Jessie (Ageless Pages Reviews)'s Reviews > The Edinburgh Dead

The Edinburgh Dead by Brian Ruckley
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Nov 05, 2011

really liked it
bookshelves: steampunk, netgalley-arc, fantasy, horror-and-gore, 2011-reads, 2012-reviews, arc, reviewed, zombies-oh-my
Read from December 16 to 17, 2011

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Having read and been none-too-impressed by Ruckley's first series, a high/epic fantasy set called The Godless World, I wasn't sure what I was in for here, with this interesting mix of genres. From horror to historical fiction, The Edinburgh Dead is strange, odd and a hell of a lot more lively than anything the author has produced to date. Though I've tagged this as a steampunk novel, it takes a backseat to the horror elements as well as being more proto-steampunk than actual steampunk. The funky but largely ignored aspect is rarely mentioned and adds little of note overall to the storyline of the novel. Lead man Adam Quire is an irascible, withdrawn and reclusive main character and can come across as more of an antihero than a straight man in this novel, and is at his best when doing so.

Adam Quire is a decent man living in an indecent time. Though his elevated standards of behavior and attitude may not seem noticeable or noteworthy for nowadays, in Quire's time it was extreme. With problems in his past and ghosts in his closet at age 37, Quire is no boy. This is a man - one that is deliberate, slow to anger but scary and scarily determined when roused to it. Quire is far from perfect - he even calls himself a "functioning" alcoholic - with trust issues and almost friendless; it's quite easy to fall into rooting for Quire to get his man even as he digs himself deeper and deeper into shit. Well interspersed and varied flashbacks occurring throughout the book provide additional background and personal history for the main character - such as he's an old soldier, strong sense of right and wrong - that Quire himself would never elaborate on presently. Quire is above ALL, a man who strives for justice -- even if that justice is whatever he decides.

Quire's antagonist is both cunning and almost comically evil. While I wasn't too impressed by Ruthven, Blegg was another matter. Him I found entirely foreboding and full of unnameable creepiness. Like Frankenstein's monster, Blegg is eventually outside his master's control and that was when I was most interested in the evil side of the tale. There was some nice and unanticipated maneuvering and sleight-of-hand with the cast of the villains of the piece, but I found their development lacking on the whole. Even the 'good' side of the conflict outside of Quire doesn't rate much better; the strength of this novel lies in the plot and atmosphere, not the characters themselves. There's even a bland hooker-with-a-heart-of-gold to add a touch of romance to all the other goings-on; I just wasn't impressed.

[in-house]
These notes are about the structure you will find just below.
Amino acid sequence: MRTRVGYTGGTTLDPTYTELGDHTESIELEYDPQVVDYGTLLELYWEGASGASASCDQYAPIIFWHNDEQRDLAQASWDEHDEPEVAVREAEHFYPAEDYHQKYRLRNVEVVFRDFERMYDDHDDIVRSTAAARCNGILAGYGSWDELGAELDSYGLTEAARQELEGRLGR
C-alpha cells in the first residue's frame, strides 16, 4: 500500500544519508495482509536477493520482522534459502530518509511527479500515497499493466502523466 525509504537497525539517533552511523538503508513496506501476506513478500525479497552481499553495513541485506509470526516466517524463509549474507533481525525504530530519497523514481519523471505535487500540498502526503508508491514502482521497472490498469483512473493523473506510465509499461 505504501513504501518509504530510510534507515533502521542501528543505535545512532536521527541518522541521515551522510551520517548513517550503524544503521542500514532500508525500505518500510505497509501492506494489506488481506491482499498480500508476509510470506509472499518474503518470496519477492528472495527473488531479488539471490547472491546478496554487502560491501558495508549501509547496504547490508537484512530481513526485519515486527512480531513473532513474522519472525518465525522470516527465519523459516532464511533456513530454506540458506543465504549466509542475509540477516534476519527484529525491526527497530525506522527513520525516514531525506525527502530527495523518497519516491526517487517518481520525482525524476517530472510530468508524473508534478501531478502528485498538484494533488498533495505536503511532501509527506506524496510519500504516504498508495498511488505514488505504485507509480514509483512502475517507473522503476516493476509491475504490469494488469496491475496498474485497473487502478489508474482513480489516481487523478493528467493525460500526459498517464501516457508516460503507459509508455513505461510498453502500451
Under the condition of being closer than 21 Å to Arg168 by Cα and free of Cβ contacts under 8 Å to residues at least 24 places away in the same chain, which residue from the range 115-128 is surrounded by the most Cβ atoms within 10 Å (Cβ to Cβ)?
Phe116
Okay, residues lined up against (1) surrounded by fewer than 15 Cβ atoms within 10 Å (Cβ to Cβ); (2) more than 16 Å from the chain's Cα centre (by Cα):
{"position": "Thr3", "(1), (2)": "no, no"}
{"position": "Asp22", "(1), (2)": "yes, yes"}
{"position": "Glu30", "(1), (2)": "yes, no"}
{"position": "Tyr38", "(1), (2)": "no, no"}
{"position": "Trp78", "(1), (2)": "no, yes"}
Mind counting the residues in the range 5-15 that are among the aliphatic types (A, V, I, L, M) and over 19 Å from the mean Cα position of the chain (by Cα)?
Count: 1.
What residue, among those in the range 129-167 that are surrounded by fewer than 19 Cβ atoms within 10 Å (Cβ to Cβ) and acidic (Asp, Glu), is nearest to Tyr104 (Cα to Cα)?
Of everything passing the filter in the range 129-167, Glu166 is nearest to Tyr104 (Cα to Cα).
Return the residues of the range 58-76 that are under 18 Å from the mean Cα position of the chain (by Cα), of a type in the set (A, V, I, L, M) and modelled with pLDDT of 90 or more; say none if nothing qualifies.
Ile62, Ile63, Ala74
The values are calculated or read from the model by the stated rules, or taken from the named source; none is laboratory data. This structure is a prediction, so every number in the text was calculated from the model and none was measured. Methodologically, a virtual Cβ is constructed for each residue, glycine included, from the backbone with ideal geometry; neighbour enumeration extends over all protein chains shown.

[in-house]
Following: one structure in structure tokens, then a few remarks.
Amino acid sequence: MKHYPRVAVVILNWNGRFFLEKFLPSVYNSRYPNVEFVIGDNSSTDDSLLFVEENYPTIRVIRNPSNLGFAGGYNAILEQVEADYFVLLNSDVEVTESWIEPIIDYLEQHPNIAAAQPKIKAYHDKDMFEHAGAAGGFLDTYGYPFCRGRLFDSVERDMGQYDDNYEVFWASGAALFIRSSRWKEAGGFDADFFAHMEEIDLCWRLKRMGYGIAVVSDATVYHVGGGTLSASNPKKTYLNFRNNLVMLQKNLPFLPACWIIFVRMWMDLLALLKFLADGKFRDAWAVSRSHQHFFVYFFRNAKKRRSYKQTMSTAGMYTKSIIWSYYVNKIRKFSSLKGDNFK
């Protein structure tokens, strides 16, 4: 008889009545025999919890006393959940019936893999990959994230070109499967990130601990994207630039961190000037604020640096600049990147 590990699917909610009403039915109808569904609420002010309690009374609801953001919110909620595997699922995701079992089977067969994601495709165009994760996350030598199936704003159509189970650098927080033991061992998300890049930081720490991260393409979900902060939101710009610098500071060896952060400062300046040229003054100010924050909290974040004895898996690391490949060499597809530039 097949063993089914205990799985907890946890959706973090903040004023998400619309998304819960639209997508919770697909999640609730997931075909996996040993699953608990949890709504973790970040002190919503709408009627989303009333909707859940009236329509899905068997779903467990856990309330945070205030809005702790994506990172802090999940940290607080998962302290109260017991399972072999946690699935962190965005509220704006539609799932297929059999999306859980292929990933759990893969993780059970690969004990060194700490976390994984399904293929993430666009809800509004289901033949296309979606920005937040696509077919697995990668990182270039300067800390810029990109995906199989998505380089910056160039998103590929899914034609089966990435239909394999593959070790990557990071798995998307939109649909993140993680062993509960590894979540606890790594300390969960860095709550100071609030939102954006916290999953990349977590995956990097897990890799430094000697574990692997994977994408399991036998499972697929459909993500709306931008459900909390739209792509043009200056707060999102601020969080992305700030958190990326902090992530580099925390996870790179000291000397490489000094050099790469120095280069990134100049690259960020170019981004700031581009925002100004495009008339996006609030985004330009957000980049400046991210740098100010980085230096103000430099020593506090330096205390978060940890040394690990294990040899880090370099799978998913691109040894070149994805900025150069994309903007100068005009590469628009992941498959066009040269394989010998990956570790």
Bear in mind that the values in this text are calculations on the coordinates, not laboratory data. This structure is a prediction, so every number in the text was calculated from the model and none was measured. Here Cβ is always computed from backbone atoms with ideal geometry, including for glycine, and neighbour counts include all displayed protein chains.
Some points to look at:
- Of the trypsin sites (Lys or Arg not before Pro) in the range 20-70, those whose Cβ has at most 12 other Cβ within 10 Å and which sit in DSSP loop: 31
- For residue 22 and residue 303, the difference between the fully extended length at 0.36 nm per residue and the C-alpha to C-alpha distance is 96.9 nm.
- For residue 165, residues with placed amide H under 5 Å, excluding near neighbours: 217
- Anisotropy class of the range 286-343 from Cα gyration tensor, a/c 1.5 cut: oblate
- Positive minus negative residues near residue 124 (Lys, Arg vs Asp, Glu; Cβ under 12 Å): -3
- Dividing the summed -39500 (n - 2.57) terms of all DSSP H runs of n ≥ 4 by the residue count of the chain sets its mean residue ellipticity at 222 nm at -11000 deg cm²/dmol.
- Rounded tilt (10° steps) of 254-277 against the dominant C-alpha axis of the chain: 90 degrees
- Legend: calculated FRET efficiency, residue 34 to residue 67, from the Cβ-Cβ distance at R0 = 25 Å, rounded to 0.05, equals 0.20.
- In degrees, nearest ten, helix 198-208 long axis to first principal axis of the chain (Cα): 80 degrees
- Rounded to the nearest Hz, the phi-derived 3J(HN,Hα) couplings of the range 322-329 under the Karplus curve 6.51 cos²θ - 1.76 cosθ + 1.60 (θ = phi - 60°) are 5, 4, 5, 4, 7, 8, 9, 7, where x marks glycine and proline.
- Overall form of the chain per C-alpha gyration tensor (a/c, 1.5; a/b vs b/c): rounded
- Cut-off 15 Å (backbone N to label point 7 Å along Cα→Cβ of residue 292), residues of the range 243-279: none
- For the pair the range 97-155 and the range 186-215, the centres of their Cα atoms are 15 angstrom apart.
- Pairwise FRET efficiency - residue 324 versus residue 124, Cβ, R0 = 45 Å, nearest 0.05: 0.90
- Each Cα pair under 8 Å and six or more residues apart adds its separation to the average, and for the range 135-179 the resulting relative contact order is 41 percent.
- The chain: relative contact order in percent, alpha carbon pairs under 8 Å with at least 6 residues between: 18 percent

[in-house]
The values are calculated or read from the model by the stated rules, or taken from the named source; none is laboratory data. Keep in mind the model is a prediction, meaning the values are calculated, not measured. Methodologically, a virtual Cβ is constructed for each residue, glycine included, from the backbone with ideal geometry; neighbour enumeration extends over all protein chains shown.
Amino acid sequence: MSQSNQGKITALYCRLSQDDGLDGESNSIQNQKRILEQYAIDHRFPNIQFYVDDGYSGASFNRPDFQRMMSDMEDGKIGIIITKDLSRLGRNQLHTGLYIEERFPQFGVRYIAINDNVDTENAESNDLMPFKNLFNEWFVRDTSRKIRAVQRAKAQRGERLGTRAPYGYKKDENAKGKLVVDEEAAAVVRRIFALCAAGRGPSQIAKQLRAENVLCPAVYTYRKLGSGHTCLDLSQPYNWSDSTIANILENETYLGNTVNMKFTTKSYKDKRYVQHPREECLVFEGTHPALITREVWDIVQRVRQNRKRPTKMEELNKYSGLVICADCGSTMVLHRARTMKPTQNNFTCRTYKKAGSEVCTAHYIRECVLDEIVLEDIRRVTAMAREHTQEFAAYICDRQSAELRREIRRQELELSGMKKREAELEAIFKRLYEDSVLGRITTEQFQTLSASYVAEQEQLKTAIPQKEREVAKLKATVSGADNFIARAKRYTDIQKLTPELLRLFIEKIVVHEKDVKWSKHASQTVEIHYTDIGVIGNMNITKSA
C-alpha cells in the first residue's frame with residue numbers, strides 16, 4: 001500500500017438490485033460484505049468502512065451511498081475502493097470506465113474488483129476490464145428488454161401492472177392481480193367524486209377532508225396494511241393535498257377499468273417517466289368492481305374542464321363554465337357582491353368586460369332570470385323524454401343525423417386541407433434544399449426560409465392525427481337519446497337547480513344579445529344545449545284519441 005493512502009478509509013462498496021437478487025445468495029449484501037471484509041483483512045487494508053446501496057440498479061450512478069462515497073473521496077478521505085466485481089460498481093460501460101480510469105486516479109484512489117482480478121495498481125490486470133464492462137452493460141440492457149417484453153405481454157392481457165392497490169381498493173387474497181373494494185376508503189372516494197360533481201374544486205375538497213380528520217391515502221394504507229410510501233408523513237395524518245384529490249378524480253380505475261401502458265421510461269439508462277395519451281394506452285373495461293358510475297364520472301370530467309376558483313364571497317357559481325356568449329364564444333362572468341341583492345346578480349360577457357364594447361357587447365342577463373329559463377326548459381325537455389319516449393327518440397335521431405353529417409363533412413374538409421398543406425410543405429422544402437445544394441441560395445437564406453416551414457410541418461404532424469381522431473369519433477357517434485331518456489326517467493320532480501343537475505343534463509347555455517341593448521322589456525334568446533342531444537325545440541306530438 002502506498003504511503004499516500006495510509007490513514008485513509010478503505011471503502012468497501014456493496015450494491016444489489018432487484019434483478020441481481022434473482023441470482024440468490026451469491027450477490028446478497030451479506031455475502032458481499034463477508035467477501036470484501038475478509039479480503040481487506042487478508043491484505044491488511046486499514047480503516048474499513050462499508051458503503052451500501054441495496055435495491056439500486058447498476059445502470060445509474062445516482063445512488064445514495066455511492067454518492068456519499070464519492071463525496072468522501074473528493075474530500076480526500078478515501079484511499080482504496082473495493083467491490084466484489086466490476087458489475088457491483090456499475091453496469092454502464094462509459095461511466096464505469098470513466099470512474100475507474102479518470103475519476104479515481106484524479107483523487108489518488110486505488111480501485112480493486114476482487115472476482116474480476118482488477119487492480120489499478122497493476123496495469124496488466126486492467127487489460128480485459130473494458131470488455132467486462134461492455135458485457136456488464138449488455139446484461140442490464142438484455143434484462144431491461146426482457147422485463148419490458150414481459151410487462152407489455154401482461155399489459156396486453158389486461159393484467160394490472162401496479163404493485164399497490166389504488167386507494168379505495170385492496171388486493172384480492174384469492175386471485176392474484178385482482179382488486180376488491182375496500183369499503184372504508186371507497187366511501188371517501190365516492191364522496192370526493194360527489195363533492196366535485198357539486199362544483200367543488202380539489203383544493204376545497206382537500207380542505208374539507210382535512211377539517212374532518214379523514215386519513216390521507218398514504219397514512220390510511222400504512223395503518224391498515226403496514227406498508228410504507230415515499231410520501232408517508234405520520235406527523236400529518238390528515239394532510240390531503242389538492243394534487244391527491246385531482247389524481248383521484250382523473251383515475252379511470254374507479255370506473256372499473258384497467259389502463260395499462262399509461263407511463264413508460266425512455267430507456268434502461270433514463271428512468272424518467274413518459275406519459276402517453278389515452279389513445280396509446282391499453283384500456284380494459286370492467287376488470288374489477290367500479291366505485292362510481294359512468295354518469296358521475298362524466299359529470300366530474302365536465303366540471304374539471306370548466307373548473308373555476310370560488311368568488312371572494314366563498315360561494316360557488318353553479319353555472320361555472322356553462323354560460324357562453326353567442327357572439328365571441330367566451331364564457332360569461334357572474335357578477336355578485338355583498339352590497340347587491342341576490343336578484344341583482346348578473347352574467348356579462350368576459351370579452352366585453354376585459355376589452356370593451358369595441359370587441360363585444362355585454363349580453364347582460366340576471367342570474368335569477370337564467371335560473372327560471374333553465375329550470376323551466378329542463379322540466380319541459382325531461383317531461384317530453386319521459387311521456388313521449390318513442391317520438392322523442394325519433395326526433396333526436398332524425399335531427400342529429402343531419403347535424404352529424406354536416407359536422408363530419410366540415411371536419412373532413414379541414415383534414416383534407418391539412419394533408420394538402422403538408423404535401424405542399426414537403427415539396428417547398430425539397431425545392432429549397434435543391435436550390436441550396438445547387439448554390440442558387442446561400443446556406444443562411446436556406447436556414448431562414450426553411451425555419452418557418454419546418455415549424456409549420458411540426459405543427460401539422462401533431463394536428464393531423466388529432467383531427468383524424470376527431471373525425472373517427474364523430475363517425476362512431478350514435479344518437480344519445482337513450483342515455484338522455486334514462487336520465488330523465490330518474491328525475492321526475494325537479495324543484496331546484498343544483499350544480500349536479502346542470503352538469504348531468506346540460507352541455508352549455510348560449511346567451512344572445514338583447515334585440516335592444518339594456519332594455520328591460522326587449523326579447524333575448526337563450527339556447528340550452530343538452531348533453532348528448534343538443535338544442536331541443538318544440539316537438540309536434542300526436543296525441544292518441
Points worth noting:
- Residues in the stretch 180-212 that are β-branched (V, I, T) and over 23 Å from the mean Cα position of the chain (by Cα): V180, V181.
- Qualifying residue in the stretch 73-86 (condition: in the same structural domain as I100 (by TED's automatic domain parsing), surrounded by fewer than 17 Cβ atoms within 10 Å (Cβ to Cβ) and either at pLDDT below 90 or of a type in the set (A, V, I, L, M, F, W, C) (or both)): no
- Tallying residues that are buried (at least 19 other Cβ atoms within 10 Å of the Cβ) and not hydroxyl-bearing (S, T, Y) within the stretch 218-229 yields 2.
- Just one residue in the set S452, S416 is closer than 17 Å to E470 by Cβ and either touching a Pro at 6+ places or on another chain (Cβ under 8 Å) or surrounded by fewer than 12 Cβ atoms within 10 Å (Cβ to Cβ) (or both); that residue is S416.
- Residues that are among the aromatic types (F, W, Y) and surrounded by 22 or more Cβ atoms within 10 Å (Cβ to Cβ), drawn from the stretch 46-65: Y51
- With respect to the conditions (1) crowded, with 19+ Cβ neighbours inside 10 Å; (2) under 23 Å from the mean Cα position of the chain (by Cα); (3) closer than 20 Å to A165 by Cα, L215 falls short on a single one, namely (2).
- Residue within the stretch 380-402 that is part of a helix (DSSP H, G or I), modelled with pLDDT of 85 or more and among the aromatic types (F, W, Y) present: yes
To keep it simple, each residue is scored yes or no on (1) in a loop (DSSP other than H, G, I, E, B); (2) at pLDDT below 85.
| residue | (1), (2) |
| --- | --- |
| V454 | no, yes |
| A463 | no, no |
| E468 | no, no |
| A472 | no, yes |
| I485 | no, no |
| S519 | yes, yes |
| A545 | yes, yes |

A word for Ruckley's writing here - I was very impressed with the creepy, foreboding atmosphere present throughout The Edinburgh Dead. The unruly and unorganized Old Town, especially compared to the strict and boring New Town, had bustle, and even had the feel of cobblestones and dirt within an old and dangerous city. This alternate Edinburgh filled with 'medical Prometheanism" came alive from page one, chapter one. This Edinburgh may be creative and fascinating to read about, but Ruckley's imagination fashions a desperate and horrific place where a thriving corpse trade ((view spoiler)) make murder and grave-robbery a daily occurrence. It's a city where the living prey off the dead. . . until one fights back. Like many actual cities and the real capital of Scotland itself, there's a clear disparity between the populace of Edinburgh in The Edinburgh Dead. The poor are largely ignored, save when they can be abused for research. Quire's meddling with the uppercrust nobility reveals a much shadier world than the criminals hiding from Scotland Yard - a world where a gentleman's mere word suffices to avoid an investigation. This subplot of social segregation causes further and all too real problems for Quire in his due diligence after 'nobody' murder victims - it becomes a race against another murder as well as race to finish the case before Quire can be suspended, thrown off the case, or dismissed. It's both interesting and entirely fitting that one character would say that these were "the most enlightened of times" while concurrently, the most unspeakable and horrific acts are being committed throughout the city.

The third person was well-utilized here by the author - it shows both a lively (and deadly) Edinburgh as well as all sides of the tangled web of murder, kidnapping, deceit and zombies played out among its cobbled streets. I do wish a bit more detail had been provided and attention had be paid toward the process of creating the reanimated. The ending was actually one of my more favorite parts - rare as that is. Quire managed to wrap up his ties without a cliffhanger, all the while leaving a possibility for more in this vein/series later on. I have to admit, my opinion on this author has been changed.
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